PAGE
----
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Global Economies

The global economic landscape has shifted significantly in recent decades, with developing countries experiencing higher GDP growth rates than developed countries. Currently, 75% of global manufacturing and services production and 90% of world agricultural production are concentrated in just 15 countries, with the USA and UK accounting for 30% of the world total. However, China is the world's leading manufacturing producer, while the USA is the leading producer of commercial services, the biggest foreign direct investor, and the third-largest exporter of manufactured goods. The US share of world merchandise exports has fallen, and imports have grown, leading to a trade deficit. Inward and outward foreign direct investment is more balanced. Europe is the world's biggest trading area and the primary focus of global foreign direct investment, with Germany being the biggest European economy.

However, the trade performance of individual European countries differs considerably. Eastern Europe and Russia are considered "transitional economies," having shifted from centrally planned economies with a heavy emphasis on basic manufacturing industries to capitalist market economies. The BRIC countries - Brazil, Russia, India, and China - may dominate the supply of manufactured goods, services, and raw materials by 2050. Asia, particularly China, has witnessed a re-emergence in recent years, with GDP increasing since 1700, decreasing since 1950, and increasing again today. Japan experienced a rapid rise after WWII, and Hong Kong, Korea, Singapore, and Taiwan have also grown quickly. Indonesia, Malaysia, and Thailand are emerging players, and India has the potential to be dynamic.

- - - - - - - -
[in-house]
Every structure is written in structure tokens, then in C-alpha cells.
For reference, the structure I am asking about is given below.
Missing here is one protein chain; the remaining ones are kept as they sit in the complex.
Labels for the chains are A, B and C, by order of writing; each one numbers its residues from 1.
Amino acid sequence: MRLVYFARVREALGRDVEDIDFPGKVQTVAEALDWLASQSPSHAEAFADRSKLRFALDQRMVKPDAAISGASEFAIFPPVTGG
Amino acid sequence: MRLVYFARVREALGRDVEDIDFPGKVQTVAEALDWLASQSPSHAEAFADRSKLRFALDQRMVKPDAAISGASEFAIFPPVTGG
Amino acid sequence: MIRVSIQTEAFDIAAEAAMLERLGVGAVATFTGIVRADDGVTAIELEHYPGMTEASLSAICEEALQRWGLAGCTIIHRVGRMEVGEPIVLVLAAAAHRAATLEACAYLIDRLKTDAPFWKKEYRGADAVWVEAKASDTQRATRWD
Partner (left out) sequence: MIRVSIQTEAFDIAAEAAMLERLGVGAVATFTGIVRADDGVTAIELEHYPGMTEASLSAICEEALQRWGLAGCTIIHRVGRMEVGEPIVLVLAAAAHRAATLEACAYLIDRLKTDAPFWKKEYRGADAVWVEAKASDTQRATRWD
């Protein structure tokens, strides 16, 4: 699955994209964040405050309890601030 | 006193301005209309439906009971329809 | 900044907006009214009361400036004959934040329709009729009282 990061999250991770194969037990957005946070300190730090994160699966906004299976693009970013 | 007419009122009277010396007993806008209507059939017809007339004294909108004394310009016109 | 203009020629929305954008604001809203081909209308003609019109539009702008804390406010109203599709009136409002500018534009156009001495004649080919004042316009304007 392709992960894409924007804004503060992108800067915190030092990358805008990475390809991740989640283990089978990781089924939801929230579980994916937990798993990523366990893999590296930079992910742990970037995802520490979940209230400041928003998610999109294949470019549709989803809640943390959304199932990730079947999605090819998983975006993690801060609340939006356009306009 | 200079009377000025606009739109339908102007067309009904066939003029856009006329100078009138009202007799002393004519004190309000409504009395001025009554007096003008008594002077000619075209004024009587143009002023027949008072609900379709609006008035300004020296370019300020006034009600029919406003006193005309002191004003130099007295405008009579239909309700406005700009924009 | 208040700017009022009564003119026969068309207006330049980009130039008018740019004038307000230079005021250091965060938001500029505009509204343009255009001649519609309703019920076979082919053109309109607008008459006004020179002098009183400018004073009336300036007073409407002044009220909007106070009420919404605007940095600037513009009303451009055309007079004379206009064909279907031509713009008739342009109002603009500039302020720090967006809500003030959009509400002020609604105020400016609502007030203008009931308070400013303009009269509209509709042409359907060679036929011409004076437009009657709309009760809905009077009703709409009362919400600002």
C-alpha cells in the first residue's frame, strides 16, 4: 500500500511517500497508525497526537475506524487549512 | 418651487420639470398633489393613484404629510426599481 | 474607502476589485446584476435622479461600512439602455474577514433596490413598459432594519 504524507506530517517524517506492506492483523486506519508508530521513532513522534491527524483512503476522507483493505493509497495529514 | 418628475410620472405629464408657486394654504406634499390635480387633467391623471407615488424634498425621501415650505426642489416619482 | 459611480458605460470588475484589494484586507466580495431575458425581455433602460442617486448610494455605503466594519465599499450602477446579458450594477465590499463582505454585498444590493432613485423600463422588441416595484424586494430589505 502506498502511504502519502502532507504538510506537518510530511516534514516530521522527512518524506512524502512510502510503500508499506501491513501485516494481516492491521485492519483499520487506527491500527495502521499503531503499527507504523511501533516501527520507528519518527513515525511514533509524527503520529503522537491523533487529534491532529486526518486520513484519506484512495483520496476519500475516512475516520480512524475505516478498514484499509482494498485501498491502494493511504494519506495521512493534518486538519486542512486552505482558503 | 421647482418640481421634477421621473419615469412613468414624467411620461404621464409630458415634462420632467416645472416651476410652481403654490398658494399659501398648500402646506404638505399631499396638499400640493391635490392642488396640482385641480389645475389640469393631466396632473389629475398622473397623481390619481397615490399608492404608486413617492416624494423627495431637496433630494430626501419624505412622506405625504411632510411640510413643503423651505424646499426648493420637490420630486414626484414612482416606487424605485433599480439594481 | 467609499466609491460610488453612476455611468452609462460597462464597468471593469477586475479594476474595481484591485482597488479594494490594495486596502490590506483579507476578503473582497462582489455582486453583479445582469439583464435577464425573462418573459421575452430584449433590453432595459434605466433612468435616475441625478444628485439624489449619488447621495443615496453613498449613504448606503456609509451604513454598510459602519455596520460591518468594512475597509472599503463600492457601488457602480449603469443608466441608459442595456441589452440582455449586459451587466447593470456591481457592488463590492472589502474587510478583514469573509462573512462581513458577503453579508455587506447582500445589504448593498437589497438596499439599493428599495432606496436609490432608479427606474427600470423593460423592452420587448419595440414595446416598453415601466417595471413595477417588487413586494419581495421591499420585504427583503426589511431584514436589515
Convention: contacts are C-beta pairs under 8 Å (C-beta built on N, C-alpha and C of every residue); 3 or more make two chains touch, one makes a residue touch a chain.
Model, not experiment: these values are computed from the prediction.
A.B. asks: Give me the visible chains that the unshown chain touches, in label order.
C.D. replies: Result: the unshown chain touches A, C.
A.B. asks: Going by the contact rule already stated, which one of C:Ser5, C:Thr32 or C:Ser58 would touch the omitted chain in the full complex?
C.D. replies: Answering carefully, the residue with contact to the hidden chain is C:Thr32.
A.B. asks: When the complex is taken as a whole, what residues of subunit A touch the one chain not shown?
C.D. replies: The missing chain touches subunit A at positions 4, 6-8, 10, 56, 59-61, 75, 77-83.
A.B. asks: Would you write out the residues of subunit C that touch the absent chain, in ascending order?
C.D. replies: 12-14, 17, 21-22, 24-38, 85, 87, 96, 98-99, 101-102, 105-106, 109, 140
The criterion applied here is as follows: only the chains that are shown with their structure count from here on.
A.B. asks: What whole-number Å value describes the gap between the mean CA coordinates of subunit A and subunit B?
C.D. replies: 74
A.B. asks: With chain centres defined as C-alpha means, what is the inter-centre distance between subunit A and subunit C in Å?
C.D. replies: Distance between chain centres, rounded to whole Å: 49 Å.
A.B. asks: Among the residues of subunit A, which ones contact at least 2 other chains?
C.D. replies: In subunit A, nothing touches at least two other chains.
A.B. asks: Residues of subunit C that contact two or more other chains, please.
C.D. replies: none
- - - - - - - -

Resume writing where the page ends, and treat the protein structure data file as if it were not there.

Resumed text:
The emphasis on growth has led to exports dominating manufacturing in China and imports dominating fuels/mining. These changes have had a significant impact on the prices of commodities, especially steel, aluminum, copper, zinc, and nickel, as well as on the prices of labor-intensive products. The changing geography of the global economy has also affected capital flows. The availability of a huge, cheap workforce and an unusually open economy to trade makes China particularly significant. India, too, has immense potential to shape the future of the global economy. As the world continues to evolve, it will be interesting to see how these changing patterns and dynamics impact global trade and economic growth.

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